THE BELKO EXPERIMENT
Directed by Greg McClean
It’s Office Space by way of Battle Royale – so will begin almost every review of The Belko Experiment. Yet as high concept elevator pitches go it’s an immediately intriguing one. I expected many of us have fantasised about what’d happen if our workforce went to war. And with Slither/ Dawn of the Dead writer James Gunn supplying the script, and Wolf Creek/ Rogue director Greg McLean behind the camera, needless to say I was excited. For the most part, this optimism was rewarded.
So an office staff, probably not much different from your own, are on a visit to Colombia. However, after a the usual office larks of bad flirting, mediocre banter and shooting the breeze they find themselves locked inside. However, what’s much worse being stuck at work is getting forced to fight to the death. Unfortunately, for the 80 employees of Belko, a mysterious voice on the intercom orders them to do just this. It starts of small – half an hour to kill 2 people. However, things get more serious when heads start exploding from within (the reason for which will probably be very obvious, though it’s technically a twist). As the targets get higher, factions are formed and broken when team members need to pick between pulling together and tearing each other apart.
What elevates The Belko Experiment above other similarly themed films is that neither side of that tension is demonised. This conflict is manifested by cold, logical boss Barry (Goldwyn) and all round ‘nice’ guy office drone Mike (Gallagher Jnr) who duke it out for the soul of the group. And whilst we’re very ultimately meant to come down on the latter’s side, for the most part Goldwyn wisely plays Barry as a reluctant pragmatist rather than a villain. When he kills it’s not without regret, and the scene where he insists the music silences the sounds of bullets to the head it’s a great character moment. As a Tim from the office clone, Gallagher Jnr is easy to like though has less to work with. Yet what’s interesting is in emphasising the hopelessness of the situation, and regularly showing the consequences of disobedience, you start to wonder if he’s being naive.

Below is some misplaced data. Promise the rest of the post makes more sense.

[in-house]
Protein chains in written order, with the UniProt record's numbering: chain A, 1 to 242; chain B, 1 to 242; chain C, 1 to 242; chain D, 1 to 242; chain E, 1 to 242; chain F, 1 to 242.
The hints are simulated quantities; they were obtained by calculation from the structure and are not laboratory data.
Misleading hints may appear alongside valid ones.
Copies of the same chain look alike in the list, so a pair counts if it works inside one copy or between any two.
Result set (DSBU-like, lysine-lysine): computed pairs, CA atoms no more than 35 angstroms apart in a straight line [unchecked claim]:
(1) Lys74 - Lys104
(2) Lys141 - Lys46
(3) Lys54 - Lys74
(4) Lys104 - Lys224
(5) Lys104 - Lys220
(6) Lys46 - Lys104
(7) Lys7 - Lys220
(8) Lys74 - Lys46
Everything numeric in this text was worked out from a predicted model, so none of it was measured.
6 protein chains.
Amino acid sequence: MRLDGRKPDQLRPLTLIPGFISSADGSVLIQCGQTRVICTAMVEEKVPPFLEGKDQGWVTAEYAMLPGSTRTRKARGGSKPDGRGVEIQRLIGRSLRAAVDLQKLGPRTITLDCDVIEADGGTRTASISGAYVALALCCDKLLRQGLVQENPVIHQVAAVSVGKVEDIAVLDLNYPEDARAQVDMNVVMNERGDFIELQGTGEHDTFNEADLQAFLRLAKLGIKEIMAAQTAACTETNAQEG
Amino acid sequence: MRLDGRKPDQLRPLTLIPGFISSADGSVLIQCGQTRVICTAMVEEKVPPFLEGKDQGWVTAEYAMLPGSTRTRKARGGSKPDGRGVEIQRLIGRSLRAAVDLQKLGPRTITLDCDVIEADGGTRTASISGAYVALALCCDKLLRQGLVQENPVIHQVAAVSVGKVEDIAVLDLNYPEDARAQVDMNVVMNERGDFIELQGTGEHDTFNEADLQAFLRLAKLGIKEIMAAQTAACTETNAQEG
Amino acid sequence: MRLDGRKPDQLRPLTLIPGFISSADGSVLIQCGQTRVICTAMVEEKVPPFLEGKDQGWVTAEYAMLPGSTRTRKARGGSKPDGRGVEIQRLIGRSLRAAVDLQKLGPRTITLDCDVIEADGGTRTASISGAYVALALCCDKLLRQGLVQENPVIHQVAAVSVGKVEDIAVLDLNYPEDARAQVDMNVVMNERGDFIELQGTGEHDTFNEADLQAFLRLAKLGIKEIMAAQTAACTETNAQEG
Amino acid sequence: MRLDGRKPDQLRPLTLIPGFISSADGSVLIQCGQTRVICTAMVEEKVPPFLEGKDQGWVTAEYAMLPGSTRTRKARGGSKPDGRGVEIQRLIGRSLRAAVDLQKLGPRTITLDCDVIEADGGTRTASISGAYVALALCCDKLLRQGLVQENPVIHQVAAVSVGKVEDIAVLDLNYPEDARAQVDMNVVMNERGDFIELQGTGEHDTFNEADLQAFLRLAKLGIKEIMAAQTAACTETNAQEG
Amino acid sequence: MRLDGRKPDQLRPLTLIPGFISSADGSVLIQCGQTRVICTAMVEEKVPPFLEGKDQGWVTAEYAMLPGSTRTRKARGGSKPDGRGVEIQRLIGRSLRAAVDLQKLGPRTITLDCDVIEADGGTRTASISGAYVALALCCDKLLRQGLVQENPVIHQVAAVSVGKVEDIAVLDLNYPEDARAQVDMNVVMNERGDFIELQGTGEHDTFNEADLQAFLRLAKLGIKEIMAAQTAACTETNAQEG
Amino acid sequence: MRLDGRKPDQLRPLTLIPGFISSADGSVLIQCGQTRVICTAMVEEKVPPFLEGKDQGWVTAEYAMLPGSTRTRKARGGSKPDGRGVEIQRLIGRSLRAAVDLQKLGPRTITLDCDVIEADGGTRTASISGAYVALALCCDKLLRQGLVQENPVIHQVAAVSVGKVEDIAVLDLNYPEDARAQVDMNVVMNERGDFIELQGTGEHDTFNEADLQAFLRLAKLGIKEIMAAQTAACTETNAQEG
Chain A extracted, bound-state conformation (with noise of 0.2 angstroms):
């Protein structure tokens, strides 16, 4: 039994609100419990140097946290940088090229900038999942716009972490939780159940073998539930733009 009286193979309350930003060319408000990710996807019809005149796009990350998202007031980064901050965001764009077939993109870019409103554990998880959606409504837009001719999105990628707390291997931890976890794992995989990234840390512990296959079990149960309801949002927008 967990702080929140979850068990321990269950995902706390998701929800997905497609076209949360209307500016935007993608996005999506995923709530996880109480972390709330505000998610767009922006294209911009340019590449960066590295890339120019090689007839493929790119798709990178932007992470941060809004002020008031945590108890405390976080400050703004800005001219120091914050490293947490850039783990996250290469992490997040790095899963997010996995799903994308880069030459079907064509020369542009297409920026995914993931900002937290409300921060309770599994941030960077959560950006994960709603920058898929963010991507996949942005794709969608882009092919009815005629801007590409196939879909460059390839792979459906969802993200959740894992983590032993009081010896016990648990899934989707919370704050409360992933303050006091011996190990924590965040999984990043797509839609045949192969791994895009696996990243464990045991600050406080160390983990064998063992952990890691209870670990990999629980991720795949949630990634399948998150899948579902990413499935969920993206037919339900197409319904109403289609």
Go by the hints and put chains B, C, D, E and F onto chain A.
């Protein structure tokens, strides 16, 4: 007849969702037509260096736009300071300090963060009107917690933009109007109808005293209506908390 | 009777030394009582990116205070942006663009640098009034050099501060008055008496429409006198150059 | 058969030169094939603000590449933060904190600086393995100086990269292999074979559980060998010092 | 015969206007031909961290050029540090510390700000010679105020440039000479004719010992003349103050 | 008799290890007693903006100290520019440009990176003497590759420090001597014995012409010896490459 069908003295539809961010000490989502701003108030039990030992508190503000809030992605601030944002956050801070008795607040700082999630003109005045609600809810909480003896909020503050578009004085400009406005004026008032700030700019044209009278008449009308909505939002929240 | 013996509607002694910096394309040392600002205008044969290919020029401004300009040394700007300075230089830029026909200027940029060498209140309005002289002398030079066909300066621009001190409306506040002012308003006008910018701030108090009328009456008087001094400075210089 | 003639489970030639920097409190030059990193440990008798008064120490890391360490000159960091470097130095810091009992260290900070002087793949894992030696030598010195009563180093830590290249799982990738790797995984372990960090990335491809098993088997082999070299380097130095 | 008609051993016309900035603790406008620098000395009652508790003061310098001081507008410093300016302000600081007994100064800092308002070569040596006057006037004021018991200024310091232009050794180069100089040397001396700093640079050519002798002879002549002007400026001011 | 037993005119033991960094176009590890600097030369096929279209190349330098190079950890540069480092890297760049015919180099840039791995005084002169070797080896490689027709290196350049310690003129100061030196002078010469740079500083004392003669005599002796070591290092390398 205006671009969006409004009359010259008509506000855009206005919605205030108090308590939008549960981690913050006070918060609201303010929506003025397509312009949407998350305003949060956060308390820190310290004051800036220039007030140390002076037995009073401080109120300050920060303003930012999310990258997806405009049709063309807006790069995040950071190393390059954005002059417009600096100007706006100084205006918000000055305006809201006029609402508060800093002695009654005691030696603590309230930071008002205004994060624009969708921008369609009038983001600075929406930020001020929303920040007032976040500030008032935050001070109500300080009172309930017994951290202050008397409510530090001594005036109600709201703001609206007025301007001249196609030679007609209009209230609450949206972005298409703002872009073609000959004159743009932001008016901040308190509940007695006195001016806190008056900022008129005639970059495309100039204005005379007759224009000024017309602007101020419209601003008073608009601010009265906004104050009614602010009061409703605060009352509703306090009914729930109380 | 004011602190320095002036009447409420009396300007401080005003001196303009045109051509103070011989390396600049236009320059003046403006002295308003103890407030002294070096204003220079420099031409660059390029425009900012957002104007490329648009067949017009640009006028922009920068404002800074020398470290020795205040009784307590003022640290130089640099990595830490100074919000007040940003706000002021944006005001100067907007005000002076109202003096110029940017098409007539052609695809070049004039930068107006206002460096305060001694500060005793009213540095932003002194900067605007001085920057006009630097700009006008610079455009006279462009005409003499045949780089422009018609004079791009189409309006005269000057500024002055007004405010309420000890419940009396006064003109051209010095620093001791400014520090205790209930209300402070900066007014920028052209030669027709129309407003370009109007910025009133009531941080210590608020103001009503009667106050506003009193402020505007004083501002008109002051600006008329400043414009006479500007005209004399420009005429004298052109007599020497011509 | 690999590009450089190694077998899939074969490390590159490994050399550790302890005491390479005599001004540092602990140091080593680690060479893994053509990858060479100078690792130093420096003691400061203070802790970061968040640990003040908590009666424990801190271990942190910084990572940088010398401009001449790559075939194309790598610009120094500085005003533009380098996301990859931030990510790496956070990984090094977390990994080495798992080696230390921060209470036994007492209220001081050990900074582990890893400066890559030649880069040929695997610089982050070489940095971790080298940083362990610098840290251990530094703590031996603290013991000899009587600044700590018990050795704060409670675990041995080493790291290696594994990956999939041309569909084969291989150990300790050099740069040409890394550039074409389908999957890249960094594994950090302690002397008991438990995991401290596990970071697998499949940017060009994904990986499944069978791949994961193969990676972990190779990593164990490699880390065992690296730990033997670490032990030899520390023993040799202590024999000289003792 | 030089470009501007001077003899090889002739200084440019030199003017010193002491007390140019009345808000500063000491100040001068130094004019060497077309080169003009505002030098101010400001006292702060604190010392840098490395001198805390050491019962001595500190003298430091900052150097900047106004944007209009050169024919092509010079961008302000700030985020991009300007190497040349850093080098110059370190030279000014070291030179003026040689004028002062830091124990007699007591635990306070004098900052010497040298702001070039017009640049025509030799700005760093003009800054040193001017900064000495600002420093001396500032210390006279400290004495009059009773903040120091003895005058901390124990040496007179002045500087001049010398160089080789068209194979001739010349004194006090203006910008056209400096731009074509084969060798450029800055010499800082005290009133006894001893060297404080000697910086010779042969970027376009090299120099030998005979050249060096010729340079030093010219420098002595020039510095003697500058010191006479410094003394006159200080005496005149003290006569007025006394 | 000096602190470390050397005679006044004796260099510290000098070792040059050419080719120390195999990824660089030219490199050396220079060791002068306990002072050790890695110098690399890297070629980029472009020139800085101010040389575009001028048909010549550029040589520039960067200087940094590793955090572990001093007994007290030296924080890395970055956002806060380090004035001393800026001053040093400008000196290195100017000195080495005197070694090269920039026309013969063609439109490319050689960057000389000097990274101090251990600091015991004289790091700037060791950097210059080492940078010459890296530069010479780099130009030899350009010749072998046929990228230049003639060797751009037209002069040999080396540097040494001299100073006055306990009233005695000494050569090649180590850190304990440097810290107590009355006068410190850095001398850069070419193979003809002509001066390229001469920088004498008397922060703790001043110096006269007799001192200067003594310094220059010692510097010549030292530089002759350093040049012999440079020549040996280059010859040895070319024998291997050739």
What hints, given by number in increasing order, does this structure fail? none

Frustratingly the secondary characters cheapen this a bit. With an ensemble as big as the one in this it’s perhaps inevitable that they are mostly defined by single characteristics e.g. treacherous, loyal or sleazy (the worst offender being a horribly unfunny pothead). To be fair, this sort of problem is built into the premise: the bigger the body count then the thinner the characters. Yet it seems that the writers took the easy way out, and spoil some of their ambiguity by having the asshole characters align. Still, as the bodies hit the floor it never loses sight of the nastiness of the situation. Bits of it are a tough watch, in a good way, and it builds to a mostly satisfying climax – even if it’s fairly clear from the start who will make it to the third act (although this is not to comment on anybody who does or does not survive). Nonetheless, while the gore fan in me was pleased the black comedy fan was underwhelmed. A late twist gives the film some satirical bite, but also highlights just how absent it’s been from the rest of the film. Thus, though it’s very accomplished The Belko Experiment still feels a missed opportunity, and the mix of red blood and white collars could have been about any 80 people.
In a way this is maybe what Gunn and McLean are going for – after all, the question of what people do under pressure is a universal one. Yet it prevents the film from working on a secondary level and makes the explanation feel an underdeveloped afterthought. It also means the movie’s main drive becomes its stark brutality vs something more substantial. Thankfully, this element is done dead well and, despite a slow start, when they come the murders matter. The oddly plausible way the opening act unfolds also means that upon leaving you’ll be thinking ‘what would I do?’ And when the popcorn’s finished, and the beer bottle’s empty, isn’t that why we watch horror?